The Data Defense Network (DDN) is a large packet switching network that services elements of the U.S. Department of Defense (DOD). The emphasis of this report is to perform probabilistic analysis of certain features of the DDN system with a view of enhancing or 'optimizing' measures of service such as data base throughput and the waiting times experienced by data-base-transfer customers. The particular questions addressed, and the models constructed, are in response to tasking statements supplied by personnel from the Defense Communications Engineering Center, Reston, Virginia. In Section 2 models are presented to study the optimal length of a packet subject to transmission errors. When a data transfer is to occur the total collection of bits that comprise the data base is divided into packets, i.e., subcollections of contiguous bits from the data base plus a header carrying address information. In Section 3 models are introduced to study the effect on D's buffer of all sources retransmitting at a retransmission interval of length 8. We also model the behavior of one form of congestion control, exponential backoff, a procedure that increases successive time-out intervals possibly from 8 to 28, 28 to 48, etc. In summary, probabilistic models have been constructed to study the effect of packet size and message size on system throughput and response time of a data-transfer operation. The effect of packet retransmission on response times has also been evaluated. (KR)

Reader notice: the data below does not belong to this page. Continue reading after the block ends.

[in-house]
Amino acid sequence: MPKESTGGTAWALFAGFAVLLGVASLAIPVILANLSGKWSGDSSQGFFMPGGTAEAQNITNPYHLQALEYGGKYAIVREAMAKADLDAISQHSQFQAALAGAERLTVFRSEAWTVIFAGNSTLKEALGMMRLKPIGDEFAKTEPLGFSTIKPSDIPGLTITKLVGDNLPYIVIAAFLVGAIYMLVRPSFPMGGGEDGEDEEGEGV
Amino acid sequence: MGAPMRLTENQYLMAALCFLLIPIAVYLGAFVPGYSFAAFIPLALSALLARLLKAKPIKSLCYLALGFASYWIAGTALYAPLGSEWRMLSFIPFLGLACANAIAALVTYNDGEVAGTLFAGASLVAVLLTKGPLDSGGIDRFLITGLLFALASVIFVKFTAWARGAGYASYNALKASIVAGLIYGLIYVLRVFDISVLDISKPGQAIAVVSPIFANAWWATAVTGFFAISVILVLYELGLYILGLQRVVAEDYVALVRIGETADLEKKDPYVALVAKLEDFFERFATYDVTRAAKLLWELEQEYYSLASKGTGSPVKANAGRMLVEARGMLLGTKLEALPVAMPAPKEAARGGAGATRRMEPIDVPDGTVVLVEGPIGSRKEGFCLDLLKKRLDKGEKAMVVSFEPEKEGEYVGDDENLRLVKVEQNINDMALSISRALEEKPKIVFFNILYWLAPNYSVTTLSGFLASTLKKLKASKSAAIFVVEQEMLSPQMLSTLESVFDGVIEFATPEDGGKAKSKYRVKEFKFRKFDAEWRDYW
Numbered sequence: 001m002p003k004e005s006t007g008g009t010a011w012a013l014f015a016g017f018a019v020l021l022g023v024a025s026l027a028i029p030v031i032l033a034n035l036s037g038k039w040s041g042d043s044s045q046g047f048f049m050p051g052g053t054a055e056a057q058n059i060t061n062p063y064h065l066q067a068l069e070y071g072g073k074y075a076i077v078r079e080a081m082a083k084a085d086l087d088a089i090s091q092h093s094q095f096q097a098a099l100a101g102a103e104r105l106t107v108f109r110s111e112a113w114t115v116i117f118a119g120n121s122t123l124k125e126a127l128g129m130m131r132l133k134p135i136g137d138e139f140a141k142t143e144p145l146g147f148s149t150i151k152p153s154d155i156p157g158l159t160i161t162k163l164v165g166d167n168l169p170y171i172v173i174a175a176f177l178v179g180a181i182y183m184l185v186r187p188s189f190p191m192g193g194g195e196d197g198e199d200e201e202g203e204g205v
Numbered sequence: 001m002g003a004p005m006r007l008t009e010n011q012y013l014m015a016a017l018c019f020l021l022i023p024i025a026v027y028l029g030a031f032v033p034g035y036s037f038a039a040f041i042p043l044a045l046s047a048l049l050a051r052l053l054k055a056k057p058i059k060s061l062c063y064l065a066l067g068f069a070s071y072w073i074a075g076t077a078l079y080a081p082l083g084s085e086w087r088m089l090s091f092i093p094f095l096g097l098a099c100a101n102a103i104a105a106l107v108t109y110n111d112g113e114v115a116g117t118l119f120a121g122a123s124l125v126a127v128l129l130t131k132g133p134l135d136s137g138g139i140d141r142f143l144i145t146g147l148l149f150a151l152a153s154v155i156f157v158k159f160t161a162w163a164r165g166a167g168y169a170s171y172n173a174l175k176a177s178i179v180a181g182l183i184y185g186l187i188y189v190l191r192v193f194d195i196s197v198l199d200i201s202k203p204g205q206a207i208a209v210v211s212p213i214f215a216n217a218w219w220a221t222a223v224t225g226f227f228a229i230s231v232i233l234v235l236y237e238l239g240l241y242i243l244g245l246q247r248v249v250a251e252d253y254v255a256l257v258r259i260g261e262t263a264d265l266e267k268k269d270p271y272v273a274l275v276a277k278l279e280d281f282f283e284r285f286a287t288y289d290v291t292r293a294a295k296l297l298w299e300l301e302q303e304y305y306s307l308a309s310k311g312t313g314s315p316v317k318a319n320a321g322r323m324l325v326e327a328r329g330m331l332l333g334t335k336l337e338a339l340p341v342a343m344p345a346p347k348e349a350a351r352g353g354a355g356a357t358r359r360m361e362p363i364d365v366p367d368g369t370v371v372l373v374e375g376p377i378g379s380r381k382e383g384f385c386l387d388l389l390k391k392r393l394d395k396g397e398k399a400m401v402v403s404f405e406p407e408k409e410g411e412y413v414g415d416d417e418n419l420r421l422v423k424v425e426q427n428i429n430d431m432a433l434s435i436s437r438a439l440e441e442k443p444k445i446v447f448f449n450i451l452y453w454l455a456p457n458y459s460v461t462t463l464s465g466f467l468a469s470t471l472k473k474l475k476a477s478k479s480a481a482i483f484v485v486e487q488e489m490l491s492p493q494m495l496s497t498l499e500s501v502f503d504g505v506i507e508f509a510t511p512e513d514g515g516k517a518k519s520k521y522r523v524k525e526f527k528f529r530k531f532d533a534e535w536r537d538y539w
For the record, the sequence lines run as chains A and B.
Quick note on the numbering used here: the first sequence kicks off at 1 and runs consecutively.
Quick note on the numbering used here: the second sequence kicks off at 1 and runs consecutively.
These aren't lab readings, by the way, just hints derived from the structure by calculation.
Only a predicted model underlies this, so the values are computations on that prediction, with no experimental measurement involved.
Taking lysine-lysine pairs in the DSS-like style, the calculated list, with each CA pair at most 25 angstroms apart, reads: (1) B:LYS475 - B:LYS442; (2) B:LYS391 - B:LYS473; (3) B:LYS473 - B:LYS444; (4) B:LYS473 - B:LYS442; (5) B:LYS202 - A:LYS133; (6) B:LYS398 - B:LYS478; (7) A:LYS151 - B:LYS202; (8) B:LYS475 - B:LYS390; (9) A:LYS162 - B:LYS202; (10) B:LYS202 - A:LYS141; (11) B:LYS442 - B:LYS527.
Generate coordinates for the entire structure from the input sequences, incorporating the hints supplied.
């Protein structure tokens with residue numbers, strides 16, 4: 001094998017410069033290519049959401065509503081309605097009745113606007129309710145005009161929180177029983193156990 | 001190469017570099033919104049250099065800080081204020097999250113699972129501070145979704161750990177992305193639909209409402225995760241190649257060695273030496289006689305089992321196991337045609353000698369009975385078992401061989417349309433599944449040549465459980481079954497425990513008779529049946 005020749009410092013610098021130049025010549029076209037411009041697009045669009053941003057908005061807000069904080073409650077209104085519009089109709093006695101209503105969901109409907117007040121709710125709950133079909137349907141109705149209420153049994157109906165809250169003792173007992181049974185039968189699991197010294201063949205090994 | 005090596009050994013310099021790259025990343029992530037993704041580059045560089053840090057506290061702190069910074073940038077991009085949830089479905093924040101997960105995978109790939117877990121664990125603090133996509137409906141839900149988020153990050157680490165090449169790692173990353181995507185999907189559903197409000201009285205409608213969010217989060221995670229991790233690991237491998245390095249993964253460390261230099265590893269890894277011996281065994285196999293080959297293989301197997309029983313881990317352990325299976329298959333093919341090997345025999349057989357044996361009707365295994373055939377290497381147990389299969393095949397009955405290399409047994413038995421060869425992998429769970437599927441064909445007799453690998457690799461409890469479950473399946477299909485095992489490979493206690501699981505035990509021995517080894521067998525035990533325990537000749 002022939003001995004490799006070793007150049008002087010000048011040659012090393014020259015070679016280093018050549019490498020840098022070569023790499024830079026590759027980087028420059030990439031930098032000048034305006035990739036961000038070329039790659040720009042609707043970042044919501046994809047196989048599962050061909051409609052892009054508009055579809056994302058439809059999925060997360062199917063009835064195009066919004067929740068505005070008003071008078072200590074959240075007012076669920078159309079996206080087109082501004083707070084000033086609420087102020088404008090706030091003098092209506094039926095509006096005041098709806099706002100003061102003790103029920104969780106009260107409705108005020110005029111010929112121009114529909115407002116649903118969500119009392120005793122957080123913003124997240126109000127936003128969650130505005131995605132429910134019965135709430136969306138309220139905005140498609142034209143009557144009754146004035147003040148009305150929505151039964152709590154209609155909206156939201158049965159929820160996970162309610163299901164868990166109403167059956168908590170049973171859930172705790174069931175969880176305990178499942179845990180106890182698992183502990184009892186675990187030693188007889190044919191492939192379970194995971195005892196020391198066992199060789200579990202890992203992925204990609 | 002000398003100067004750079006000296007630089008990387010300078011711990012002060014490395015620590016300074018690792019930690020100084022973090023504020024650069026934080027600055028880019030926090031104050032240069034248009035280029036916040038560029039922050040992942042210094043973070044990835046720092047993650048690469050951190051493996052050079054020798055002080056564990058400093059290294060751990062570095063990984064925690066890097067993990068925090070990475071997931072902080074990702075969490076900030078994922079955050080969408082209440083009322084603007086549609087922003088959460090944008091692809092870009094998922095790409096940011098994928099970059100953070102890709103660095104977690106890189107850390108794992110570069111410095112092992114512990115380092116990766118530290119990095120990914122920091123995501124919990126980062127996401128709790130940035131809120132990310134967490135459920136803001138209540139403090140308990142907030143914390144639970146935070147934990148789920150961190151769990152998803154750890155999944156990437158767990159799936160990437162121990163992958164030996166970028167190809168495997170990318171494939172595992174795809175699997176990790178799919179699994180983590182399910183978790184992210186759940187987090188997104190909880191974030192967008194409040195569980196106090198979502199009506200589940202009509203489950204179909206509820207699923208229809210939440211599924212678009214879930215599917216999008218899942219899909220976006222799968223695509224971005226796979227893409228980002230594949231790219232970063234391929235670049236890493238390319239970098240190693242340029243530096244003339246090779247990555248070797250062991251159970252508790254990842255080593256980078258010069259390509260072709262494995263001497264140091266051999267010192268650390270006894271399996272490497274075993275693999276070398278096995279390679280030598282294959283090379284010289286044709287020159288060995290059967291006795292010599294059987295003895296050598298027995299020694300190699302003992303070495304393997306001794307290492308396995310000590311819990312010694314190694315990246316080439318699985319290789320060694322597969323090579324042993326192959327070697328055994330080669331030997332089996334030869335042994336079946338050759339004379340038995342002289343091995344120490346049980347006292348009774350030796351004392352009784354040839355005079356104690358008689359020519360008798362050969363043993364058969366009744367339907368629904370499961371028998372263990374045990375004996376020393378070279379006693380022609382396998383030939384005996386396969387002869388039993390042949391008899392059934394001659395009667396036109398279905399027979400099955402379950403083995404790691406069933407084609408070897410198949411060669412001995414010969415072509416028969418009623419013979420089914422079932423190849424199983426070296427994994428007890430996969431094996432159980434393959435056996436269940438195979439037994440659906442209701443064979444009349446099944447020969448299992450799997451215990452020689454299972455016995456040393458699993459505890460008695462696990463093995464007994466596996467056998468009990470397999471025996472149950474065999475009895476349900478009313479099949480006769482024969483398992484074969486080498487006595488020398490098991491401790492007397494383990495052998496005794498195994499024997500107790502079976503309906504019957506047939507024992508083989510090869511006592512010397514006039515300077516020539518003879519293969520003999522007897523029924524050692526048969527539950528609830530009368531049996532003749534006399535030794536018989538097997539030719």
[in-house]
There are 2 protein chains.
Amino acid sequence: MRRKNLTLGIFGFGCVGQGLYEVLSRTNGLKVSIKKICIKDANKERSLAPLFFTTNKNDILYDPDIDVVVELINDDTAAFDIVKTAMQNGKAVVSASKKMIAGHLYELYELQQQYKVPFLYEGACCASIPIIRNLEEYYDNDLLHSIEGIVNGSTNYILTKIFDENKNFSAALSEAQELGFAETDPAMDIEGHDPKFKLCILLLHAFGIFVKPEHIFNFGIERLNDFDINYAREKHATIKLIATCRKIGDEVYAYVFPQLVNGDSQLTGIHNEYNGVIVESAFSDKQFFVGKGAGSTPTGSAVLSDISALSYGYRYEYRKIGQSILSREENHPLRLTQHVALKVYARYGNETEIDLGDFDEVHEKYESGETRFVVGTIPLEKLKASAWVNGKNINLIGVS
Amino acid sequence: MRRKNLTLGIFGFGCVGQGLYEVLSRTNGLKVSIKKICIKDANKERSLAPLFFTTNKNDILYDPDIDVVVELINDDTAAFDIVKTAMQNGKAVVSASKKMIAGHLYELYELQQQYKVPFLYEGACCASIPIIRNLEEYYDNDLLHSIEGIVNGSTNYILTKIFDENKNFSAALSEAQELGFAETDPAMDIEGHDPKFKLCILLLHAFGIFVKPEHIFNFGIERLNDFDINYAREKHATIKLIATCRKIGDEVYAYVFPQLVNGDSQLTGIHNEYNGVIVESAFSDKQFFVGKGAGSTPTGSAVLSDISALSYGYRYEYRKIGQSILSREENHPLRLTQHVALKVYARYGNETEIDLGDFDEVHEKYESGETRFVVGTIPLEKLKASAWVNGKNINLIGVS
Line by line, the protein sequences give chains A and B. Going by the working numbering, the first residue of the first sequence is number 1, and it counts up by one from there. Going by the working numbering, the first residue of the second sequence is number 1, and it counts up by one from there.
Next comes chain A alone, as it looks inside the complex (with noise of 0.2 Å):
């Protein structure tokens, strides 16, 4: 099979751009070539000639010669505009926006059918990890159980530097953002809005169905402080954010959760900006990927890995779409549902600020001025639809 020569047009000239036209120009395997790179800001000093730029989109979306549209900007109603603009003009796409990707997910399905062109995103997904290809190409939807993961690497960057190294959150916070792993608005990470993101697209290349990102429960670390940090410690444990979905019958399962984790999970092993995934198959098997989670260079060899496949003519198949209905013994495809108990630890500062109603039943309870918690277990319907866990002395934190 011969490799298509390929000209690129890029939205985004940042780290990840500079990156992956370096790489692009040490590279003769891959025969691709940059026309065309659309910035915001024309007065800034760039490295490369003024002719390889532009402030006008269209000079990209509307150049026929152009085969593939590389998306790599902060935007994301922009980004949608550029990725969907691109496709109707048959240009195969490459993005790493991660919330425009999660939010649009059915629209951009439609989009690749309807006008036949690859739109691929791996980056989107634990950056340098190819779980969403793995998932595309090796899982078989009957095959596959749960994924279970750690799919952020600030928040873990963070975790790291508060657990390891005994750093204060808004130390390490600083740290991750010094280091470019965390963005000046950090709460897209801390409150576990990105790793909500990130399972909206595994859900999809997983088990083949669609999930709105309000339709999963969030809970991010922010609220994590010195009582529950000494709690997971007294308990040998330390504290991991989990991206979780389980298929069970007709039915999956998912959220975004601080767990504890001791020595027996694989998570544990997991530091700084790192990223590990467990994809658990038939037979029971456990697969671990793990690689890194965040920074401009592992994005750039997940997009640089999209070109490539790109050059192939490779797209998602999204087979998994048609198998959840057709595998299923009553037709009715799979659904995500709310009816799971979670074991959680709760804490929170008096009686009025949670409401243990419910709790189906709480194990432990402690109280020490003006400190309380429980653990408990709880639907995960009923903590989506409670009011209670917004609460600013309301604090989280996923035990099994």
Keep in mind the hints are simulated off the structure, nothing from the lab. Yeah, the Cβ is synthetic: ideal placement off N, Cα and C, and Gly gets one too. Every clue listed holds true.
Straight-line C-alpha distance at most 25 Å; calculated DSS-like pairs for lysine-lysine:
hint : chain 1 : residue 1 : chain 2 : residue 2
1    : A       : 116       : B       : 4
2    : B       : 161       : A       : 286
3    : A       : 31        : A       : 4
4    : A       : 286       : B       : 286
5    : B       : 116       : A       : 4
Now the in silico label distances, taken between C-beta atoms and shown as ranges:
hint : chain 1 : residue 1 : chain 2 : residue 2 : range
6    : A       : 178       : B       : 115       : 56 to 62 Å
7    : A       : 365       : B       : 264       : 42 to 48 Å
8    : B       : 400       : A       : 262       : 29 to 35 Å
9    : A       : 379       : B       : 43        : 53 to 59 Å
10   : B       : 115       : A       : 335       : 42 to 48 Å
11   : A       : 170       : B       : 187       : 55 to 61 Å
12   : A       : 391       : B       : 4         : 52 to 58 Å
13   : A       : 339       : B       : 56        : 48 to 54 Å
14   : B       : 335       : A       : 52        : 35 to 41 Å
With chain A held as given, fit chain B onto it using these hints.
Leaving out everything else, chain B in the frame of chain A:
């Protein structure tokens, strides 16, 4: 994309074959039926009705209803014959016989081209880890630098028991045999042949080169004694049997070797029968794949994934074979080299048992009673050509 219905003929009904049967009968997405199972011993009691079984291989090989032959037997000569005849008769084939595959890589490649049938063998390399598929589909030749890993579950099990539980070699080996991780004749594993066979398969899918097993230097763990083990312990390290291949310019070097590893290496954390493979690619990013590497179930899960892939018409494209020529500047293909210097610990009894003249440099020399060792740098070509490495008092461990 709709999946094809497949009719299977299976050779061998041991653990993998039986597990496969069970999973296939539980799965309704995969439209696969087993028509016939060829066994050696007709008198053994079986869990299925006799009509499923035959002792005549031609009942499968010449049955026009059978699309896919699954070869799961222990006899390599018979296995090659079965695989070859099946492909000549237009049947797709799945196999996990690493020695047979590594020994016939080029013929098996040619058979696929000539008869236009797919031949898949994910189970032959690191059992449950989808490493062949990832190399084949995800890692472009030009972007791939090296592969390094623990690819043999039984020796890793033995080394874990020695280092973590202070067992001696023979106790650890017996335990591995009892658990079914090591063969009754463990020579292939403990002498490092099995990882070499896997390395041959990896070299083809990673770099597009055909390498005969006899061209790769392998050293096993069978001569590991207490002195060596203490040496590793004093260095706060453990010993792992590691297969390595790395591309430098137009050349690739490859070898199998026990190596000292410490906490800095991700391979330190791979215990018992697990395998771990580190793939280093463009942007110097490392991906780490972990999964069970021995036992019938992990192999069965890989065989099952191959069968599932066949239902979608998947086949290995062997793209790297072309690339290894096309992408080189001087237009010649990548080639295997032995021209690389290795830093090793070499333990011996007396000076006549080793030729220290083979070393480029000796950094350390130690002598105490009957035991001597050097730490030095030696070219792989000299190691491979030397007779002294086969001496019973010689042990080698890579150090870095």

aq/ /aq cc:9116 12/08/97
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Jacobs, Patricia A; Naval Postgraduate School (U.S.). Dept. of Operations Research
Canon EOS 5D Mark II
Naval Postgraduate School (U.S.). Dept. of Operations Research.